The following is a review of A Fall From Grace — Directed by Tyler Perry.
Tyler Perry is a prolific cinematic triple-threat. Perry often both writes, directs, and stars in his own films, which, at least in the US, are well-known. His claim to fame is a series of films that, for the uninitiated, look like nothing more than a rip-off of Big Momma’s House. I think it’s safe to say that while Perry may be well-known in America, Perry and his Madea-character have not made it big outside of North America. I have never seen any of those films, which Spike Lee has previously criticized profusely, and I don’t think anyone I know in Denmark has either. But, for cineastes, his reputation precedes him nonetheless. However, I think it is fair to say that Tyler Perry’s A Fall From Grace is one of the worst and most absurd original films that Netflix has released. Continue reading “REVIEW: A Fall From Grace (2020)”→
The New Golden Age of Television continued in 2019 with yet another great year of television. This must be reiterated year after year — yes, even in a year with a disappointing conclusion to Game of Thrones — 2019 continued that age, or trend, in which television is as effective as, or even more so than, cinema. For some, television of 2019 is undoubtedly best defined by the conclusion to shows like Game of Thrones or Fleabag, and, for others, it is best defined by limited series that shocked you to your core. Continue reading “Top Ten TV-Shows of 2019”→
The following is a review of The Two Popes — Directed by Fernando Meirelles.
Fernando Meirelles’ The Two Popes is based on writer Anthony McCarten’s non-fiction work The Pope and inspired by the historic papal renunciation in 2013. Meirelles’ film is about a number of conversations between Pope Benedict XVI (played by Anthony Hopkins) and Cardinal Jorge Bergoglio (played by Jonathan Pryce). These conversations highlight the conservative and ‘progressive’ branches of the Catholic Church and the things that they have in common. These conversations are both incredibly interesting and surprisingly funny. Continue reading “REVIEW: The Two Popes (2019)”→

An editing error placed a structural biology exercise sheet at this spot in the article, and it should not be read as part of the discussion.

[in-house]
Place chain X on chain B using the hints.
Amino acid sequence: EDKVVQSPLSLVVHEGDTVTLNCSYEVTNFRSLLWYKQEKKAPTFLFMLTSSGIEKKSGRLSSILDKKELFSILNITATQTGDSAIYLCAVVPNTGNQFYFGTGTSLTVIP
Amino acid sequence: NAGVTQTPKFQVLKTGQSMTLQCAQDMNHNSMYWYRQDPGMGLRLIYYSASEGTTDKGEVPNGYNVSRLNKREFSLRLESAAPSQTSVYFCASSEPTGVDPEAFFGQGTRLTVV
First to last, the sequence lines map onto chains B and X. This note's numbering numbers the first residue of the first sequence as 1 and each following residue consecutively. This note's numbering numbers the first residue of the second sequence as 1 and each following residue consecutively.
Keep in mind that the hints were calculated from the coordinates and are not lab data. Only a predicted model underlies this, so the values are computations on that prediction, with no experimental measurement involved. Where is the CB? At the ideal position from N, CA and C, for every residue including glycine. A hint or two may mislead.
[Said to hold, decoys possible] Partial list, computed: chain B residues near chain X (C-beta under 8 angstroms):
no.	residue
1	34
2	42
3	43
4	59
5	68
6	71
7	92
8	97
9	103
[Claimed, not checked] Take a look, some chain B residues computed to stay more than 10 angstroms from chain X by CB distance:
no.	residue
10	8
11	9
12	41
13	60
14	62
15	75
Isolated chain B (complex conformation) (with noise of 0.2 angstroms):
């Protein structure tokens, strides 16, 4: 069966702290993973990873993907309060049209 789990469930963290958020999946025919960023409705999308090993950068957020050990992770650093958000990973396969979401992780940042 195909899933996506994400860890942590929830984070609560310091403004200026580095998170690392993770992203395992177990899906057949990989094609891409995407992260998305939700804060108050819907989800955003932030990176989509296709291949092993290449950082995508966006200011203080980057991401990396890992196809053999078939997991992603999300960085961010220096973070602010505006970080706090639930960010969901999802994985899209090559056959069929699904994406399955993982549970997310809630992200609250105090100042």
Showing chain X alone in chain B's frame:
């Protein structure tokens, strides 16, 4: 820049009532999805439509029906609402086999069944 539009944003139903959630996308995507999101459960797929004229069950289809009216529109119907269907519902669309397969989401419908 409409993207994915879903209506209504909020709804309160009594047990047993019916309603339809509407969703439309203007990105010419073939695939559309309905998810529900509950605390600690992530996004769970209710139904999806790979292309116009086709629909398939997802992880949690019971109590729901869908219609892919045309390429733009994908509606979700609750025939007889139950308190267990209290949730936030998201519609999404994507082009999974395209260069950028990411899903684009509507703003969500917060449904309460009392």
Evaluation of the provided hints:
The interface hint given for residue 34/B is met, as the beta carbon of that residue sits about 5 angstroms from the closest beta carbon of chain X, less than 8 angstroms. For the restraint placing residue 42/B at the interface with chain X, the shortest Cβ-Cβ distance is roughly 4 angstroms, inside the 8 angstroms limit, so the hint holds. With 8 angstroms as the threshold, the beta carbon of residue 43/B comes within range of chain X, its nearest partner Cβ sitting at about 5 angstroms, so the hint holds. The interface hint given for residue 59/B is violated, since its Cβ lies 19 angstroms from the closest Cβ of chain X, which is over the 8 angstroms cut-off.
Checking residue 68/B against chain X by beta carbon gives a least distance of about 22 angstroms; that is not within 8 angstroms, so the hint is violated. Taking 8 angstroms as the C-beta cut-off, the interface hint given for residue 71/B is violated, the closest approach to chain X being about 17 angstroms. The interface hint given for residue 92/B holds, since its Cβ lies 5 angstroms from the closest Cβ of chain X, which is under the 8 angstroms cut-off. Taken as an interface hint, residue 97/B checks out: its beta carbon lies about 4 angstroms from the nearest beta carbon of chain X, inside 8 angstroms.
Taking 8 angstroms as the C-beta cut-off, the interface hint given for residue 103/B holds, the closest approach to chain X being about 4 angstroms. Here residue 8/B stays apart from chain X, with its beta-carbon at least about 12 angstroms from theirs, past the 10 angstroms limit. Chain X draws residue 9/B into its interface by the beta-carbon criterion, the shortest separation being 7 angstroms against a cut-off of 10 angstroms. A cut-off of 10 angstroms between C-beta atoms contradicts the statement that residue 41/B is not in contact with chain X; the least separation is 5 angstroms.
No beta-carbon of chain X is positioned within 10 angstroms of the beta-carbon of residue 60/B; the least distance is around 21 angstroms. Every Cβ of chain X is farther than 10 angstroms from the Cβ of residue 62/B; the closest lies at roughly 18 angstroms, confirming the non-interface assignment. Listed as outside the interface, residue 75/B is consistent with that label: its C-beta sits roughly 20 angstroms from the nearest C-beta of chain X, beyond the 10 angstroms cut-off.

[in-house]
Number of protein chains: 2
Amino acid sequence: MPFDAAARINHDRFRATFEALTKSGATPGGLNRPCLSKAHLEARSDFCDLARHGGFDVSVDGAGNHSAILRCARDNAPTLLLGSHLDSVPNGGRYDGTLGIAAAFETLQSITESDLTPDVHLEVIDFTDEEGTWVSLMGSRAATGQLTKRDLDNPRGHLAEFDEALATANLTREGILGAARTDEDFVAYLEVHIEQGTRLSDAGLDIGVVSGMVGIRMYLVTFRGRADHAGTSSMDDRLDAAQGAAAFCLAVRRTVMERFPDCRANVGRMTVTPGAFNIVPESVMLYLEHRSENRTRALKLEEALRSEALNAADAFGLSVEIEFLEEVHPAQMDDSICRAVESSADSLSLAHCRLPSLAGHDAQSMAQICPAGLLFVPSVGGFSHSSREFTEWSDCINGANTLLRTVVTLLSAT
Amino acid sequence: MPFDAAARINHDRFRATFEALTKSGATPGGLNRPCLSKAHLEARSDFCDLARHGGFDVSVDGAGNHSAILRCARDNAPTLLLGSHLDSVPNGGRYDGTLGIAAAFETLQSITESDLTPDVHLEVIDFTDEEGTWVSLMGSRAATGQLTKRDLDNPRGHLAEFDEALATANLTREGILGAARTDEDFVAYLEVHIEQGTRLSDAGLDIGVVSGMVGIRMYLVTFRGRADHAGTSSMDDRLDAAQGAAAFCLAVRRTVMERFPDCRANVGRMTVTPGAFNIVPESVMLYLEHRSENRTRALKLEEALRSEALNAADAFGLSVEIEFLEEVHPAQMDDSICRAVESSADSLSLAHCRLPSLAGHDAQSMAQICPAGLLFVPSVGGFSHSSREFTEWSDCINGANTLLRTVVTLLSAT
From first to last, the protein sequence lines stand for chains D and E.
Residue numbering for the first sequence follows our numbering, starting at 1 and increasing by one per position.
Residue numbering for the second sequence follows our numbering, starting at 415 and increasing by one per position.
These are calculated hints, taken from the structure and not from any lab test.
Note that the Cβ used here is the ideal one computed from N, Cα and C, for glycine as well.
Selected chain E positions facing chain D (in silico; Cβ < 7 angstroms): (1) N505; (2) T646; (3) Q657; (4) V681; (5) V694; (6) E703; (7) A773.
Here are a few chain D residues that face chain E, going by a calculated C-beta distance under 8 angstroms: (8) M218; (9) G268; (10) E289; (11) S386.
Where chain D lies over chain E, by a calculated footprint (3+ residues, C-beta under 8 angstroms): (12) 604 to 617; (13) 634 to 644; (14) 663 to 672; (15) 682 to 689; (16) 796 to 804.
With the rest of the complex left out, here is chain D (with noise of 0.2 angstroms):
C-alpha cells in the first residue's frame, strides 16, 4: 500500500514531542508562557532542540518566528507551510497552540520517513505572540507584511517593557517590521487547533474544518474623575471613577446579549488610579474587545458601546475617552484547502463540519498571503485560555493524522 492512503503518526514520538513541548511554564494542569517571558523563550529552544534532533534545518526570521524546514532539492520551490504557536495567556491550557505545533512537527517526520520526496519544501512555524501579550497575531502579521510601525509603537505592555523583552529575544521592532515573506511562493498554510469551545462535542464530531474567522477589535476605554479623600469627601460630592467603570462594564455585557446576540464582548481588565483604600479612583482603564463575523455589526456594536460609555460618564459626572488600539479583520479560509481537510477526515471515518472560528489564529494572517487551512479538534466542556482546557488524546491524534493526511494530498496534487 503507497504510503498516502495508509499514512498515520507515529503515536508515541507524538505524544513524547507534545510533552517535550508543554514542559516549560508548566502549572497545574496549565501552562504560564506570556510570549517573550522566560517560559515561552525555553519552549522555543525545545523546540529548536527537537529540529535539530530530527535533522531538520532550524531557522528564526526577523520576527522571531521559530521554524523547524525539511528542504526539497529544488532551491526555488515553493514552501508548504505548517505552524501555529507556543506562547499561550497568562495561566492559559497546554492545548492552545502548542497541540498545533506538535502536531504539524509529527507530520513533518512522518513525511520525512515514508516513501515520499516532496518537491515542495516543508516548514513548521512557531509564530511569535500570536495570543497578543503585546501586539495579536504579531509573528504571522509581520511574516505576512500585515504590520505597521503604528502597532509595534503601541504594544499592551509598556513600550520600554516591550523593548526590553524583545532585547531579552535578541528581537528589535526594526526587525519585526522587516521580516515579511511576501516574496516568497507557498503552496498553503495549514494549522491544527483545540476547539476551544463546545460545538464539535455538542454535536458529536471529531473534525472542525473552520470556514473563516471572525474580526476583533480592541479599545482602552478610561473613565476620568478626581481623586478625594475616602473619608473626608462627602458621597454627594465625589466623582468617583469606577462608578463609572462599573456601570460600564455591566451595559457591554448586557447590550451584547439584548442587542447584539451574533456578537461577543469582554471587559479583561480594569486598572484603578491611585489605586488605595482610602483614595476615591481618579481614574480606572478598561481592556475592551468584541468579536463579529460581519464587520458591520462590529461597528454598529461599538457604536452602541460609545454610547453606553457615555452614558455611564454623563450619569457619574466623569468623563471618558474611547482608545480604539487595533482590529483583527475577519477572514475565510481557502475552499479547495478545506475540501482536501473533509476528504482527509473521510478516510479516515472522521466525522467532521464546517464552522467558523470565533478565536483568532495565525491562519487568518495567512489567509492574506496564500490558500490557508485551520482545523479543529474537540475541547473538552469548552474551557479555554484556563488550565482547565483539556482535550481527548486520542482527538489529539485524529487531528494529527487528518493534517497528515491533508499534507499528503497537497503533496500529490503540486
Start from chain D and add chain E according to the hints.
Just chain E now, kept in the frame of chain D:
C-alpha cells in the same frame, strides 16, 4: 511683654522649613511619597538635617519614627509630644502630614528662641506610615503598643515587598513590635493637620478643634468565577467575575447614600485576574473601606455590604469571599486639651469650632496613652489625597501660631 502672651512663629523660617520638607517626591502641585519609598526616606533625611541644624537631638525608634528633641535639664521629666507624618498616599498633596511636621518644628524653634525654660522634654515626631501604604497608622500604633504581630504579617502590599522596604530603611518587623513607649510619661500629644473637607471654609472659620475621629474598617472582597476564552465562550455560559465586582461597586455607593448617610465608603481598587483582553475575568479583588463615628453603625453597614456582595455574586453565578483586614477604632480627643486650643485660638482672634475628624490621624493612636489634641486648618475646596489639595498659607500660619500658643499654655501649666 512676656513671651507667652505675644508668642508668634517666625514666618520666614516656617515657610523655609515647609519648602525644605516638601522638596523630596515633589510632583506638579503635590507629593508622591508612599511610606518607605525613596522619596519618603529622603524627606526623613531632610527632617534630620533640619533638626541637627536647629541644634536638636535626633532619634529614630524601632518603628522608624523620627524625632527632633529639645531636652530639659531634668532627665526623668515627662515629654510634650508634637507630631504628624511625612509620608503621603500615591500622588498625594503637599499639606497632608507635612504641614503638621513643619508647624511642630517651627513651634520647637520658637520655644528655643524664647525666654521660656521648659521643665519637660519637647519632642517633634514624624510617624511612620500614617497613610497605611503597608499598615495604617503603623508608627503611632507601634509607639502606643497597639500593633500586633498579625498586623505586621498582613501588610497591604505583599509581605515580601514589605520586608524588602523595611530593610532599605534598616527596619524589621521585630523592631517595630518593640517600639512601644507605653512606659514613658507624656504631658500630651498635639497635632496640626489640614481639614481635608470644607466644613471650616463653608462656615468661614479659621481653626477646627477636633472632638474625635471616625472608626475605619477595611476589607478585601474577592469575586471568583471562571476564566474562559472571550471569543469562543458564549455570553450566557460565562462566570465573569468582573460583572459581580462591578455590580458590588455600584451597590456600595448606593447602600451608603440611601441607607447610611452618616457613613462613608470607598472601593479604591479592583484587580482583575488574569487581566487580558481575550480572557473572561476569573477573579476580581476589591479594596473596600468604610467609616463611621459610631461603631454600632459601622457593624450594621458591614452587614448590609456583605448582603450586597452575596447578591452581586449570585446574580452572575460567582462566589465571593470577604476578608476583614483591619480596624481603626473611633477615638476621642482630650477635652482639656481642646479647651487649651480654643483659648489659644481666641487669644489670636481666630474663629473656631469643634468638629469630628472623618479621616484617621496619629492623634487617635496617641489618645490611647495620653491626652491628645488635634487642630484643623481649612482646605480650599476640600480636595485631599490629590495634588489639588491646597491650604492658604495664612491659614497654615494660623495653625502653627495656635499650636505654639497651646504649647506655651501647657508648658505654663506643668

The following is a review of 6 Underground — Directed by Michael Bay.
If you think the Netflix film-catalog merely consists of Oscar bait and shoddy romantic-comedies, then Michael Bay’s 6 Underground is here to disprove that notion. While Netflix is releasing this year’s batch of awards-worthy dramas — like Marriage Story and The Irishman — they also have their complete antithesis, 6 Underground, ready for quick consumption. Its star, Ryan Reynolds, has been seen in marketing describing the film as the ‘most Michael Bay movie in the history of Michael Bay,’ thus promising an explosion-heavy, no-holds-barred modern action movie from one of the most commercially successful filmmakers in history. Reynolds’ description is apt, however, 6 Underground just isn’t a very good movie. Continue reading “REVIEW: 6 Underground (2019)”→
The following is a review of Marriage Story — Directed by Noah Baumbach.
Noah Baumbach’s Marriage Story is one of the most difficult and rawest films that I have seen this year, and I absolutely do mean that as a huge compliment. Like few other films have been able to do this year, Baumbach’s film genuinely moved me to tears multiple times over the course of the exhausting and heartbreaking but absolutely necessary 136-minute runtime. Baumbach has with The Meyerowitz Stories and Marriage Story now made two of the best films that Netflix has ever been associated with, and I actually think his latest film is not just the best of the two, but also one of the few true Netflix masterpieces that have been released this decade. Continue reading “REVIEW: Marriage Story (2019)”→
The following is a review of The Irishman — Directed by Martin Scorsese.
I’ve said it before, and I’ll say it again. Martin Scorsese would arguably be on the Mt. Rushmore of American filmmakers if such a thing existed. When Scorsese laments the supposed death of cinema or questions the artistic merit of modern blockbusters, you listen to him for the simple reason that few people know the medium, the power of cinema, or the industry as well as he does. His understanding of the power of what is within or out of the frame of cinema is indescribable. Though his detractors may suggest that he is a glorified gangster film director, nothing could be further from the truth. With The Irishman, Martin Scorsese has given us a haunting and elegiac historical epic disguised as a greatest hits gangster film that stresses that, even in the autumn of his life, the master hasn’t missed a beat. Continue reading “REVIEW: The Irishman (2019)”→
The following is a review of the third season of The Crown — Available on Netflix.
When The Crown premiered in 2016, I proclaimed that Claire Foy’s Queen Elizabeth II might become the new face of Netflix. In 2017, following a truly outstanding second season, I argued that The Crown had become the greatest live-action television series that Netflix had ever made. Then the long wait began. It has been two years since we last saw new episodes of this show, and now all of the central characters have been recast as the next stage of Queen Elizabeth II’s reign begins. Though this third season is not as impeccable as I thought the previous season was, Peter Morgan’s series is still a must-watch series even for those people who aren’t necessarily obsessed with royal families. Continue reading “REVIEW: The Crown – Season Three (2019)”→